Annu. Rev. Astron. Astrophys. 1984. 22: 185-222
Copyright © 1984 by . All rights reserved

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4.1 A Basic Description of Galaxies

The following is a list of the primary attributes of galaxies and their distributions that a comprehensive theory of formation and evolution should explain.

1. Different morphological types exist. There are spheroidal galaxies, as well as disk galaxies that include a very flat distribution of stars in addition to a spheroid (Morgan 1958, Sandage 1961, de Vaucouleurs et al. 1976). There is a continuous range of disk-to-bulge luminosity ratios (D / B) among disk galaxies, probably melding smoothly into the elliptical galaxies, which have negligible disks. When gas is present, a luminous spiral pattern, related to the sites of star formation in the disk, is usually seen. Most gas-free disk systems (S0s and some early-type spirals) and ellipticals have normally had little star formation within the last several billion years (Searle et al. 1973, Larson & Tinsley 1978, Caldwell 1983).

2. All morphological types are found in both low- and high-density environments. Hubble & Humason (1931), Morgan (1961), and Abell (1965) described the transition to earlier-type galaxies (Es and S0s) in rich clusters, and Oemler (1974) quantified the relationship by identifying characteristic global mixes of E, S0, and spiral galaxies. Dressler (1980b) showed that such global descriptions derive from a tight relation of galaxy morphology to local galaxy density, and this behavior has been shown to extend all the way to the low-density field (Bhavsar 1981, de Souza et al. 1982, Postman & Geller 1984), about five orders of magnitude in space density. The fraction of spiral galaxies decreases as the fraction of S0s and Es increases with local galaxy density, almost independently of global cluster characteristics. This ``morphology-density'' relation is monotonic but extremely slow (roughly logarithmic), so that the low-density field is dominated by 80-90% spirals and the highest-density regions are composed of 80-90% elliptical and S0 galaxies, but all types are represented in all environments.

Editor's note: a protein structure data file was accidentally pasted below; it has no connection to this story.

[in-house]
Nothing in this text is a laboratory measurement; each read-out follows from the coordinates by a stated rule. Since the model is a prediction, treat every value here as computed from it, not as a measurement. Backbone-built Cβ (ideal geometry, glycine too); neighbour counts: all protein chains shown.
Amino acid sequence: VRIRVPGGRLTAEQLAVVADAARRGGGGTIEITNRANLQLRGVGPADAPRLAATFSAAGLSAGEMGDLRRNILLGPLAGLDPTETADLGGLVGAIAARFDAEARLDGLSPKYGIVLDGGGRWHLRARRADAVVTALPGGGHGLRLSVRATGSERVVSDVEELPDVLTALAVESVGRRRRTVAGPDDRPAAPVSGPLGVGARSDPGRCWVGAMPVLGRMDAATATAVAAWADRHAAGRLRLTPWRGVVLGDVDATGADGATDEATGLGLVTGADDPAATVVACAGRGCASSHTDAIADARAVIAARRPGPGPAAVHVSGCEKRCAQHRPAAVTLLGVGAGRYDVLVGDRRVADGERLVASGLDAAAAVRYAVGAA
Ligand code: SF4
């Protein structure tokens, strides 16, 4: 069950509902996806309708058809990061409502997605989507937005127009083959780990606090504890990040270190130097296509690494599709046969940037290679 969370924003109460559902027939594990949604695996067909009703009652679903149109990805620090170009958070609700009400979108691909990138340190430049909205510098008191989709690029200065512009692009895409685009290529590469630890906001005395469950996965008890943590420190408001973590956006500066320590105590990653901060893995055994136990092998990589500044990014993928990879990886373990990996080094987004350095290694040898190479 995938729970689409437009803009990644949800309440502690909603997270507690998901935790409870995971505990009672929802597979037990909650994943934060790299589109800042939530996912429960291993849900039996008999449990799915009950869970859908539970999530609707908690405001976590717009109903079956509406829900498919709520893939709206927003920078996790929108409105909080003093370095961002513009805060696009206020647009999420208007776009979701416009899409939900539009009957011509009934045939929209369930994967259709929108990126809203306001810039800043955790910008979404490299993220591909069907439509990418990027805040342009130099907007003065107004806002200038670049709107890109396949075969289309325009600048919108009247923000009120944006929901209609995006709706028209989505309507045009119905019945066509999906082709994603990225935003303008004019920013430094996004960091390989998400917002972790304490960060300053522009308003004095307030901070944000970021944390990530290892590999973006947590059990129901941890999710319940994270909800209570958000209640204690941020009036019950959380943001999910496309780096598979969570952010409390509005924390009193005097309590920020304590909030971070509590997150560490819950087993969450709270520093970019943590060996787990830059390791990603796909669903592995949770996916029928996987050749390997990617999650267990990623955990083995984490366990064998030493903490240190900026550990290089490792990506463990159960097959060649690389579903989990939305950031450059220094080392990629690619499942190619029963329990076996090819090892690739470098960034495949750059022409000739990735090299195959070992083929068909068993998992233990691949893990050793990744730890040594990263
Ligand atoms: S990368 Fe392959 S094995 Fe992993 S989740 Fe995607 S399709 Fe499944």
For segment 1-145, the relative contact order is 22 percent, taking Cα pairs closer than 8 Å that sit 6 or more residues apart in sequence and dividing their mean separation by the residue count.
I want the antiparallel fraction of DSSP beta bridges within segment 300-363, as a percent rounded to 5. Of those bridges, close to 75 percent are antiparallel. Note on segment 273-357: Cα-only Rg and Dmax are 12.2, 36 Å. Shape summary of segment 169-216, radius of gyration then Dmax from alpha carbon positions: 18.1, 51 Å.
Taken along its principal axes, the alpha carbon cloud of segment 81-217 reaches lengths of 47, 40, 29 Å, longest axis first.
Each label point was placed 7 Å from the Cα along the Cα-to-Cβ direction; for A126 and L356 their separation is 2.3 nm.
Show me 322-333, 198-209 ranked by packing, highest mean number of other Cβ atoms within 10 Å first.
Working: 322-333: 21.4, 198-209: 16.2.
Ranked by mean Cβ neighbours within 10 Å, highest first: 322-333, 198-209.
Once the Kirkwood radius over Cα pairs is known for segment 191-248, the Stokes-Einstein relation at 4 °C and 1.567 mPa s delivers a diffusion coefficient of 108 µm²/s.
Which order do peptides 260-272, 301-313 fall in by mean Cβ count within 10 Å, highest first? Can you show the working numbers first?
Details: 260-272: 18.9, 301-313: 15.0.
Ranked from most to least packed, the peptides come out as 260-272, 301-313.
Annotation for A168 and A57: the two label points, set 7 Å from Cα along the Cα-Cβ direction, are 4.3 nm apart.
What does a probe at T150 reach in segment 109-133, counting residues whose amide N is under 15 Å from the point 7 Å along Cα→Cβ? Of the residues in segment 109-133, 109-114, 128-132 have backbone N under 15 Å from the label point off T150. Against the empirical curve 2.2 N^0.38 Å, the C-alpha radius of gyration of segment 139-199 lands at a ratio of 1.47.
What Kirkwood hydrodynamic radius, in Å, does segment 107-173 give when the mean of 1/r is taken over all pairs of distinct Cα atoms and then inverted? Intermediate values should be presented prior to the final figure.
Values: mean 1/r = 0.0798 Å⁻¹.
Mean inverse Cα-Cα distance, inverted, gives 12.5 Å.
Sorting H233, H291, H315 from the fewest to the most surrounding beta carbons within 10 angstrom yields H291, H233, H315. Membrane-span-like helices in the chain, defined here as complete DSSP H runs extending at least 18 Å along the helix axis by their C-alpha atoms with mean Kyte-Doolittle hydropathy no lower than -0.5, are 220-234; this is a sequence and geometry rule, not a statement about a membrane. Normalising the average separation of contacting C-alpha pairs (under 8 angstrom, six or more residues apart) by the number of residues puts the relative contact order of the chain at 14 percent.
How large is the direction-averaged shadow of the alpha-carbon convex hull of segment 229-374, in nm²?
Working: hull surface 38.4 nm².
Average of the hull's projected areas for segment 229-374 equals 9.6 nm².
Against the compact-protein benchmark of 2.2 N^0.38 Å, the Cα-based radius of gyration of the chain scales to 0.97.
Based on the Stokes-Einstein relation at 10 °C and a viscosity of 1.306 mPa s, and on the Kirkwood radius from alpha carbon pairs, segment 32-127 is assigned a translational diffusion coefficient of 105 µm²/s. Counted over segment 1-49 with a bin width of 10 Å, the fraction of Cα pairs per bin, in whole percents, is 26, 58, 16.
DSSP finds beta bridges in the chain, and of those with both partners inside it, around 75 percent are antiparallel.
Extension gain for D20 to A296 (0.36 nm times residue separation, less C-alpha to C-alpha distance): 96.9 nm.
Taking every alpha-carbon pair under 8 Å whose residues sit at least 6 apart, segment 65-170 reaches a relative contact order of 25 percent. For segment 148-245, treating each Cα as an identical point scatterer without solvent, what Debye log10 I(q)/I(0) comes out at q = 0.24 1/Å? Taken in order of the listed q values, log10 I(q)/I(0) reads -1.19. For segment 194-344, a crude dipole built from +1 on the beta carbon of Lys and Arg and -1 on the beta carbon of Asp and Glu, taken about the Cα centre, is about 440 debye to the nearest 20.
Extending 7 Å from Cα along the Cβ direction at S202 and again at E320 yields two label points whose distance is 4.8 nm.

3. Elliptical galaxies appear to be the simplest systems. To first order they form a one-parameter family in luminosity, presumably proportional to mass. Their sizes, colors (metal abundances?), and characteristic internal velocities (central velocity dispersions) scale monotonically with luminosity (see, for example, Faber & Jackson 1976, Tonry & Davis 1981). There is some evidence of an additional parameter, which could be galaxy ellipticity, surface brightness, or mass-to-light ratio (Terlevich et al. 1981, de Vaucouleurs & Olson 1982, Efstathiou & Fall 1983). The average surface brightness (and true mass density?) of ellipticals rises slowly with increasing brightness, levels off between -19 > MB > -21, and then begins to fall again (Binggeli et al. 1984). Most elliptical galaxies can be represented by models of oblate isotropic rotators (flattening due to rotation); however, with rising luminosity (MB < -21), an increasing fraction owe their flatness to anisotropic velocity dispersions (Binney 1981, Illingworth 1983, Davies et al. 1983).

4. S0 galaxies almost always have small D / B (~ 1) and appear to have a ``thick disk'' component in addition to the thin disks found in both S0s and spirals.

5. Spirals are classified by their D / B and by the detailed form of their spiral pattern (e.g. openness of the arms, arm thickness, contrast of the arms to the underlying disk; Sandage 1961). Their forms do not correlate well with luminosity, but the spiral pattern and gas content seem related to D / B (Strom 1980). At least a two-parameter family is indicated (Brosche 1973, Whitmore 1984).

6. More-detailed morphological and kinematical structure is reviewed by Kormendy (1982). These numerous constraints are beyond the scope of this review and are more detailed than the general models that are discussed here.

7. Along with these characteristics, it is important to remember that the dominant structure in some or all types may be a massive, unseen halo, and interactions among halos may have a critical effect on the luminous matter within them.

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